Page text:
Presentation on theme: "GE0-3112 Sedimentary processes and products Lecture 3. Sedimentary structures I – fluid flows Geoff Corner Department of Geology University of Tromsø 2006."— Presentation transcript:
GE0-3112 Sedimentary processes and products Lecture 3. Sedimentary structures I – fluid flows Geoff Corner Department of Geology University of Tromsø 2006 Literature: - Leeder 1999. Ch. 7, 8 & 9. Sediment transport and structures. Sediment transport and structures.
Contents ► 3.1 Introduction ► 3.2 Unidirectional water flows ► 3.3 Atmospheric flows ► 3.4 Combined flows and tides ► Further reading
3.1 Introduction ► Bedforms and structures (definition) ► Plane bed, ripples and dunes ► Bed shape changes with flow strength ► Feedback: bedforms modify flow
Classification of primary sedimentary structures
Plane bed, ripples, dunes Ripples Dunes Plane bed
3.2 Unidirectional water flows ► Current ripples ► Lower-stage plane bed ► Dunes ► Upper stage plane beds ► Antidunes ► Bedform relationships
Current ripples ► Are stable bedforms at low flow strength in fine sand. ► Do not form in sand coarser than 0.7 mm (c.s.). ► Asymmetric profile parallel to flow: gentle stoss, steep (c. 35 o ) lee. ► Height (h): <4 cm; wavelength (λ): <0,5 m. ► Ripple index (λ/h): 10-40. ► Ripple size varies clearly with grain size (λ ≈ 1000d) but not with flow strength or water depth.
Ripple shapes ► Ripple crests are straight, sinuous or linguoid (tongue-shaped). ► Straight- and sinuous ripples are metastable and change to linuoid with time.
Flow over a rippled bed Flow separation Flow separation and re-attachment Flow re-attachment
Dunes ► Similar to ripples in general shape but distinctly different because: ripple and dune form indices do not overlap. ripples occur on the backs of dunes in apparent equilibrium. ► Height: 5 cm - 10 m; wavelength: 0,6 – 100’s m. ► Modification during stage variation may produce ’reactivation’ surfaces.
Upper-stage plane beds ► Bed and water surface in phase; rapid flow. ► Plane bed actually comprises very low amplitude (c. 1 – 10 med mer) bedwaves that move downstream. ► Each bedwaves may deposit a thin lamina some few grains thick. ► The bed surface shows primary current lineation (parallel heavy-mineral streaks, etc.)
Froude number and flow regime ► Froude number: ratio of inertial to gravity forces in water flow having free surface ► Fr < 1: Tranquil flow Lower flow regime; water surface and bed out of phase. ► Fr > 1: Rapid slow Upper flow regime: water surface and bed in phase. (NB. Upper and lower flow-regime concept not as clear cut as previously thought.)
3.3 Atmospheric flows ► Differences between air and water flows ► Ripples ► Dunes
Comparison of air and water ► Low shear stresses in air limits maximum bedload grain size to v.coarse sand/v.f.pebble. ► Collision effects and saltation more important in air. ► Energetic kollisions promote abrasion of grains and substrate. (NB. Snow particle abrasion is effective in periglacial regions). ► Suspension transport of sand is more difficult in air than in water because of lower buoyancy. ►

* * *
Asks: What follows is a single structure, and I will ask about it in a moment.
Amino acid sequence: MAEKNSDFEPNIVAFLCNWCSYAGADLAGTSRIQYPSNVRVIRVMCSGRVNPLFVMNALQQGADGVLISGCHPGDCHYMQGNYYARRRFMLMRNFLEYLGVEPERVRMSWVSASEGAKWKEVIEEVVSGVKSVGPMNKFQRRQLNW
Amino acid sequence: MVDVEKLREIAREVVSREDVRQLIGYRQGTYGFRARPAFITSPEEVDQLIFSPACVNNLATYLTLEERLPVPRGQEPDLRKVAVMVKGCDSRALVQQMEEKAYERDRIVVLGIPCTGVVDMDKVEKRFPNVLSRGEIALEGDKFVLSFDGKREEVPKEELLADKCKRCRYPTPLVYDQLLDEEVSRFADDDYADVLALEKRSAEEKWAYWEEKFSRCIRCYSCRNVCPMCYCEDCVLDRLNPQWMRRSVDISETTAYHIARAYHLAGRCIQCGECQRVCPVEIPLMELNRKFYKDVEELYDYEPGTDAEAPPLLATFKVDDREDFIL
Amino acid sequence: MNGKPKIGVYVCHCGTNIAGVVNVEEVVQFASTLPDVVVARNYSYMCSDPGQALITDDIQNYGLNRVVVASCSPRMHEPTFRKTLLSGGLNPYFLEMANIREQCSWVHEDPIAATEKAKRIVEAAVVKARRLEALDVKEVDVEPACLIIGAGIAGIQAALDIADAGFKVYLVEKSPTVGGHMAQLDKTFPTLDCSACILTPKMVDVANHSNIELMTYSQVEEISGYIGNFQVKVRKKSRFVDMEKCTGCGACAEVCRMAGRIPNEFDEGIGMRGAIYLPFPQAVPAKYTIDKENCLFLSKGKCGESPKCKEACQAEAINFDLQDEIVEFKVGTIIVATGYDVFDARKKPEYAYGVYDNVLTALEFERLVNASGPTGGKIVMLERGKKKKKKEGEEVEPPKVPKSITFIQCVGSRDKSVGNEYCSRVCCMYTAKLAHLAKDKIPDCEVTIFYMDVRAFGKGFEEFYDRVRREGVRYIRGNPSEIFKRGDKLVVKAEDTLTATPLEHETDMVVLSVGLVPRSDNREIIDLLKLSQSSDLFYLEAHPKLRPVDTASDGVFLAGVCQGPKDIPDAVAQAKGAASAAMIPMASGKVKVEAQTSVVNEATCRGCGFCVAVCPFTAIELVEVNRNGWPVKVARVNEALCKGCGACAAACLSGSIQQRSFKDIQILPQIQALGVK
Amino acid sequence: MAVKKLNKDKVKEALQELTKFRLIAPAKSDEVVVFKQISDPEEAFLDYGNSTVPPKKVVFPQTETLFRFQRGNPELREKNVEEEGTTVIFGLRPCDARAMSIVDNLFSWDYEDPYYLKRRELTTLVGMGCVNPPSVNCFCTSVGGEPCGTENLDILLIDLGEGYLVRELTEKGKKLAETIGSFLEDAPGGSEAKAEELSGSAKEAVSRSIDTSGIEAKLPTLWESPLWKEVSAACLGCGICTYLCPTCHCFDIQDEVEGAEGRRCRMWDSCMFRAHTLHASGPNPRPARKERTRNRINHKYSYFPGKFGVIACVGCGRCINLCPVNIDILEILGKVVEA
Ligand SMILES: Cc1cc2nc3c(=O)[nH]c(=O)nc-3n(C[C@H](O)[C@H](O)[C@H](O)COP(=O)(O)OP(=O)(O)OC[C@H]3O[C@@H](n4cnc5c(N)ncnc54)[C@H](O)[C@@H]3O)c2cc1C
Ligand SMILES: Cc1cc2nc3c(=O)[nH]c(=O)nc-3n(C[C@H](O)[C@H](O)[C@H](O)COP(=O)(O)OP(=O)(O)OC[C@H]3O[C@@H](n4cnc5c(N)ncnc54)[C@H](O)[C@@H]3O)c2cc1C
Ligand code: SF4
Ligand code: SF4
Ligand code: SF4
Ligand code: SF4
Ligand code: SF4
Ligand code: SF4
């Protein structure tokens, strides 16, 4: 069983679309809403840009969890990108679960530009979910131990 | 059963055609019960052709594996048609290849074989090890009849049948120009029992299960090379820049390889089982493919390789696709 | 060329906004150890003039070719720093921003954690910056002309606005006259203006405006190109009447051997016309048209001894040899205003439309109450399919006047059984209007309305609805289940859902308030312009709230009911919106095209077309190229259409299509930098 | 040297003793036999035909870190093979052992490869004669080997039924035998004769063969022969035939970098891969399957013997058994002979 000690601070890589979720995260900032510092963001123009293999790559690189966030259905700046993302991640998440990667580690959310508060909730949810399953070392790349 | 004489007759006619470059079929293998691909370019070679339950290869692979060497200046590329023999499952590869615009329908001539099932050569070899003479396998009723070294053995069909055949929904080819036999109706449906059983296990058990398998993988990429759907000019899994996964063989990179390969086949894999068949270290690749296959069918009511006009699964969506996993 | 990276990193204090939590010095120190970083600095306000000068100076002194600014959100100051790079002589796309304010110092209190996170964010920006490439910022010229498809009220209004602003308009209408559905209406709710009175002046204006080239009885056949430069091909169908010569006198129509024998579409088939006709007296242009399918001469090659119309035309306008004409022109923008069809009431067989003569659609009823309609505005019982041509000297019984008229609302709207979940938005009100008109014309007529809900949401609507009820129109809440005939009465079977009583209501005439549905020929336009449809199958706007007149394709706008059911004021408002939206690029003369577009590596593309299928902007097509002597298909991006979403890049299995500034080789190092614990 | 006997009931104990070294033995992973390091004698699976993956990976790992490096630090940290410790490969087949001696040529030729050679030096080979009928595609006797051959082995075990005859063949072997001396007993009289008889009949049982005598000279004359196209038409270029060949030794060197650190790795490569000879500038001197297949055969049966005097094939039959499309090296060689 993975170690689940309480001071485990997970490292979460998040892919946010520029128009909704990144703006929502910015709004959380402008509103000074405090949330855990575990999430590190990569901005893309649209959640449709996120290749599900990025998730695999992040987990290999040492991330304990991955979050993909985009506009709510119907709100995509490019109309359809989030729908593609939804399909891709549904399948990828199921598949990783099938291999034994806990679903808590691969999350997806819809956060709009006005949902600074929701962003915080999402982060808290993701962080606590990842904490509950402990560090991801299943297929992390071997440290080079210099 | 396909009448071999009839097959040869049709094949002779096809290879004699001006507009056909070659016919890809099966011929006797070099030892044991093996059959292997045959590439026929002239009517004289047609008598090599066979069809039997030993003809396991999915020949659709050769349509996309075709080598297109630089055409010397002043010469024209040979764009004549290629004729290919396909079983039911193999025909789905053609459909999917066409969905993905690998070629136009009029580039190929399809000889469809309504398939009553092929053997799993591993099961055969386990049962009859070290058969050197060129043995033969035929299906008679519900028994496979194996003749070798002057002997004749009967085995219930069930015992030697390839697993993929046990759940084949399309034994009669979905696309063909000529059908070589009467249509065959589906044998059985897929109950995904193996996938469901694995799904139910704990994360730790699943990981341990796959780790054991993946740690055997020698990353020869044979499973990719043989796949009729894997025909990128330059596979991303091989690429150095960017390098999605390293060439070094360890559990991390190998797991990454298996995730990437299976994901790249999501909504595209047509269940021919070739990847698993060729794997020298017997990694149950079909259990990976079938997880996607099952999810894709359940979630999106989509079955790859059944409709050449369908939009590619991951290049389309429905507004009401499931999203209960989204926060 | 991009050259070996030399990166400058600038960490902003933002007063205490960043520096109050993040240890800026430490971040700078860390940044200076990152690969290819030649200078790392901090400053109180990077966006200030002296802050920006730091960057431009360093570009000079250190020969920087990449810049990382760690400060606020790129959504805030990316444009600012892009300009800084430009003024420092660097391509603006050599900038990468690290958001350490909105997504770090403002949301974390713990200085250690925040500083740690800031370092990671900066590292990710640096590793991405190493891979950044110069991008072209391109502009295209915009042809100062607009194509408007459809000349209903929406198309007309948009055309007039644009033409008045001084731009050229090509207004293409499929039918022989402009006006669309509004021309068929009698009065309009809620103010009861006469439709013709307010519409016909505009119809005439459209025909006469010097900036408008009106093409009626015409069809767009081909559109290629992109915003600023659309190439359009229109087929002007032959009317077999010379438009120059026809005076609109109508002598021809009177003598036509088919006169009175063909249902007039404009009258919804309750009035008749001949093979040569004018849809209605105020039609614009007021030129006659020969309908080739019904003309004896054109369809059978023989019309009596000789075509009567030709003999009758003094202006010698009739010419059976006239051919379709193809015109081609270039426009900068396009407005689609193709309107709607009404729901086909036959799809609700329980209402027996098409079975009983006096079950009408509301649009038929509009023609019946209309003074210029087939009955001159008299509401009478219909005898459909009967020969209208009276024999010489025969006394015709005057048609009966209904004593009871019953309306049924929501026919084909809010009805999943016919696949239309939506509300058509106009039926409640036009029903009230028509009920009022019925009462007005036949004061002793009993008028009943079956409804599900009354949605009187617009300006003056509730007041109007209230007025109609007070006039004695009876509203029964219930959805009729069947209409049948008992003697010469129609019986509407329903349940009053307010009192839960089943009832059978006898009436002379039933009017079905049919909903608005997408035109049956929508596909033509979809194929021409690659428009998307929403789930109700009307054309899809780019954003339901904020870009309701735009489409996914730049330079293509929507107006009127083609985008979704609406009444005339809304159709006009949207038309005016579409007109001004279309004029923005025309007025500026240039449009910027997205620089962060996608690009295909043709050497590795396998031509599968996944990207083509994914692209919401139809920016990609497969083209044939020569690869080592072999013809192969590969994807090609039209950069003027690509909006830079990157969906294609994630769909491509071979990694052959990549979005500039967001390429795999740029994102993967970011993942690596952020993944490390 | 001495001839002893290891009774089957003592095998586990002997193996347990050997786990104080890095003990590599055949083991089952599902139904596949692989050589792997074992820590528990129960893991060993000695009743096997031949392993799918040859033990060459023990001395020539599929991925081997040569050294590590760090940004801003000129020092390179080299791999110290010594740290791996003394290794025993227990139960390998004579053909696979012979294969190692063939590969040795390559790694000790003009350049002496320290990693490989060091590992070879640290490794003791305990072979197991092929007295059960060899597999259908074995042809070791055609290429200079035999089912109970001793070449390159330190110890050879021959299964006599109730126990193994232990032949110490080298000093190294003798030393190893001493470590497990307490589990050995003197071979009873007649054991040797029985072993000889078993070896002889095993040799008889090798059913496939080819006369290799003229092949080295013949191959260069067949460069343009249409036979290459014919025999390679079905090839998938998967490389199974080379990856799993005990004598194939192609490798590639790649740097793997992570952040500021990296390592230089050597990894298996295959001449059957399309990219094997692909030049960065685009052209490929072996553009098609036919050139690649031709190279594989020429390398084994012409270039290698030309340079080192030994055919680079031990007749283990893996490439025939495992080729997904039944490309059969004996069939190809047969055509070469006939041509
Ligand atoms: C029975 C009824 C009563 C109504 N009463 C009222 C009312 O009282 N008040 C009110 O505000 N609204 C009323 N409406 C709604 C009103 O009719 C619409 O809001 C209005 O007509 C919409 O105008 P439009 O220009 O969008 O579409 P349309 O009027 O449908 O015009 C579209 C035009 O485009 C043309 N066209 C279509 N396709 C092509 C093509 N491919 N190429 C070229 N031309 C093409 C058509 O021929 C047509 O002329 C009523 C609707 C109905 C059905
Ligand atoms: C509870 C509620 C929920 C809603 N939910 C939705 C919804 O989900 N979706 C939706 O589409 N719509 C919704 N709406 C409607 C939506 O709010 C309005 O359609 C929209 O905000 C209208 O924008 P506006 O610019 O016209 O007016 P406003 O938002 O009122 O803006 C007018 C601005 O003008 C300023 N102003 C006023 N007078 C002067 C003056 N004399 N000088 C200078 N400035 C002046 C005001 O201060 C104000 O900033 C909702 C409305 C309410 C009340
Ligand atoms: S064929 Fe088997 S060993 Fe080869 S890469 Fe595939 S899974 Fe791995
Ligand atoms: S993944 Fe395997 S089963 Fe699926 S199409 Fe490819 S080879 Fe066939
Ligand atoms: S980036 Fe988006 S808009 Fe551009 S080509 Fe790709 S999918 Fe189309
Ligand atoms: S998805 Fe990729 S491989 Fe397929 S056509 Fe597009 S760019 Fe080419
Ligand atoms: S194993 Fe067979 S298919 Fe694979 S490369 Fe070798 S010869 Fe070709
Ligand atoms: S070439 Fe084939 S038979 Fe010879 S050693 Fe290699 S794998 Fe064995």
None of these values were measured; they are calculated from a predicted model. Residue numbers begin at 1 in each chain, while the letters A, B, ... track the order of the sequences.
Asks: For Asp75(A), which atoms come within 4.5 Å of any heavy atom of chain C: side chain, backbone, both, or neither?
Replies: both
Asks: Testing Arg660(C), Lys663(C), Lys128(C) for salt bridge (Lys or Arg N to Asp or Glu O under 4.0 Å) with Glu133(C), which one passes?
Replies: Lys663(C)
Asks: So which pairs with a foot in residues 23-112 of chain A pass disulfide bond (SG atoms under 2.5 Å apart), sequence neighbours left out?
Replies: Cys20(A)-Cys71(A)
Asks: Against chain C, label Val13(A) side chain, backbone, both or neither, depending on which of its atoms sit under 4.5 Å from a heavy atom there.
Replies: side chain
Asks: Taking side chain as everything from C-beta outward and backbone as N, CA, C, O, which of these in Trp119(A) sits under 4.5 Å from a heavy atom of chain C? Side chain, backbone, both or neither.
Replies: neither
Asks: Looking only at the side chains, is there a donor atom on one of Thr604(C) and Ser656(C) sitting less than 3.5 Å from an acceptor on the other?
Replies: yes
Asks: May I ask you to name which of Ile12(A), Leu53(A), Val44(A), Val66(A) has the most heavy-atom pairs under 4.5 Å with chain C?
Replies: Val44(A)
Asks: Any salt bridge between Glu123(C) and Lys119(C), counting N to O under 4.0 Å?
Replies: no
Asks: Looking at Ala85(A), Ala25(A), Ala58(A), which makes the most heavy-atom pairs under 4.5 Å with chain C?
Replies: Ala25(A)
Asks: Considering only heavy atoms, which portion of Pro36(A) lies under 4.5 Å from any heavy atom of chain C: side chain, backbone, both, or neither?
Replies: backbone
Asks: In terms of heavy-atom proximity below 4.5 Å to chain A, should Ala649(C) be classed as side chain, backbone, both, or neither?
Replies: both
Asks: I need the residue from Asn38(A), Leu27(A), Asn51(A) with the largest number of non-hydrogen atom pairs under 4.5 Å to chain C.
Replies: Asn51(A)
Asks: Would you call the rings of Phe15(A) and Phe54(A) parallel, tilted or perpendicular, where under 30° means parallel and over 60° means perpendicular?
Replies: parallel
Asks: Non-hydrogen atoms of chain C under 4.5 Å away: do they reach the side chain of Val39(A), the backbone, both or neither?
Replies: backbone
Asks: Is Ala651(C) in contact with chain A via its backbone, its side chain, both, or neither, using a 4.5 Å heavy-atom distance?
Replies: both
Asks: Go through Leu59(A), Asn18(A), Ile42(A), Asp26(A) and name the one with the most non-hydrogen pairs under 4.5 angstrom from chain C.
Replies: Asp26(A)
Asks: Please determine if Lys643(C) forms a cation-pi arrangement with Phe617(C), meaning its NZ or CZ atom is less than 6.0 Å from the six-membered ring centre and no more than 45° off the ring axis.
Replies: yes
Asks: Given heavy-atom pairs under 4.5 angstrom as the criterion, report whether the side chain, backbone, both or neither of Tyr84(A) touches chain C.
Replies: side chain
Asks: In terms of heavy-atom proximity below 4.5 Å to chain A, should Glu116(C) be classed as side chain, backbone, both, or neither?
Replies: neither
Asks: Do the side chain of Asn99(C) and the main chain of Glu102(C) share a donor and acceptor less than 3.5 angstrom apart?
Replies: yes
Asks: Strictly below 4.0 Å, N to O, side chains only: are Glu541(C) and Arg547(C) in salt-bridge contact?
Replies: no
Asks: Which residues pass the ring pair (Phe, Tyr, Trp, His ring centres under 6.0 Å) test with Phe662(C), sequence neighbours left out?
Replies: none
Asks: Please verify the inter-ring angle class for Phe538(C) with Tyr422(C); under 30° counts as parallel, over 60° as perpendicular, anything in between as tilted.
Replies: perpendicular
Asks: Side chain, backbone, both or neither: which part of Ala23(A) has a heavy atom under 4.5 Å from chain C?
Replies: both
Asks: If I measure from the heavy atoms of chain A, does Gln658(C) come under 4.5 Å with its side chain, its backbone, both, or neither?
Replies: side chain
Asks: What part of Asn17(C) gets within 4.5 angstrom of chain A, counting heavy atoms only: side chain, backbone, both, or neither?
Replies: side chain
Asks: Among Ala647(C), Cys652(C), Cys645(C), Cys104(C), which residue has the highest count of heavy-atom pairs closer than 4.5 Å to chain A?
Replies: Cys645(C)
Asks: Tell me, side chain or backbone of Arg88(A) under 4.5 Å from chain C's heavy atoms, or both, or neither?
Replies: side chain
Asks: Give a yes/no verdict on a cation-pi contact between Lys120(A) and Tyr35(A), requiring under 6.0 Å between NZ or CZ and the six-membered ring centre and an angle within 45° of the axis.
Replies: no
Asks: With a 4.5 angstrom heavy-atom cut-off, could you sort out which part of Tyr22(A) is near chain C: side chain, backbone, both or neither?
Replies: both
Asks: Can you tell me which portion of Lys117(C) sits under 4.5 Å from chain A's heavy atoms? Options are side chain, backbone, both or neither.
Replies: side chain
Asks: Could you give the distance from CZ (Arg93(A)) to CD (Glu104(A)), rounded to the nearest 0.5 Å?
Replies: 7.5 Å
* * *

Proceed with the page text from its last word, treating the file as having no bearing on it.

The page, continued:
Aeolian sediments ► Gravel transport by rolling and saltation (< 4 mm) gravel normally forms protective lag ► Sand median typically (fine sand) aeolian sand ideally better sorted than beach sand sorting varies bedforms: ripples and dunes ► Silt typically coarse silt (loess)
Aeolian bedforms ► Two major groups: ripples and dunes. ► Draas are large composite bedforms made up of smaller dunes. Previous classification acc. to size (Wilson 1972): ► draas20-450 m high ► dunes0.1-100 m " ► ripples0.005-0.1 m high Ripples Dunes
Ripples (ballistic ripples) ► Asymmetic profile parallel to flow: gentle, slightly convex stoss, steep (c.20 o ) lee. ► Height (h): few mm-10 cm; wavelength (λ): 2- 200 cm. ► Ripple index (λ/h): 8 – 50. ► Wavelength increases with grain size and wind strength.
Ripple shapes ► Persistent sinuous crests common. ► Barchanoid shapes form where sediment is sparse.
Ripple variability ► Wavelength increases with increasing grain size and wind strength.
Formation of wind ripples ► Ballistic collisions due to saltation cause up to 25% transport as ’creepload’. ► Lee slopes migrate more from effects of saltation bombardment than avalanching (hence lower angle than in water ripples) ► Crests contain coarser grains more resistent to bombardment (gives inverse grading in structures)
Internal structure of wind ripples ► No clear internal structure. ► Parallel bedding shows inverse frading
Internal structure of wind ripples ► Climbing ripples form where net accumulation of sand
Wave ripple formation ► Shallow-water waves (d=λ/20) cause horisontal bottom motion. ► Above threshold of motion movement occurs rolling and saltation. ► Initial ripple crests are low (< c. 20 grain diameters high) with broad troughs. ► Increased shear stress gives flow separation vortices on either side of symmetrical ripples.
Wave ripples ► Wavelength: c. 0.9 cm – 2 m. ► Height: c. 0.3 – 25 cm. ► RI (L/H): c. 4 – 13. ► Wavelength increases with increasing wave period. ► Bifurcation common
Further reading ► Allen, J.R.L. 1970. Physical processes of sedimentation. Chapter 1 covers the same ground as Leeder and explains clearly the principles involved; good supplementary reading for aquiring a sound grasp of the physics of fluid dynamics and sedimentation. Alternatively consult the more encyclopedic: ► Allen, J.R.L 1984. Sedimentary structures: their character and physical basis. A more encyclopedic alternative to the above if it is unavailable.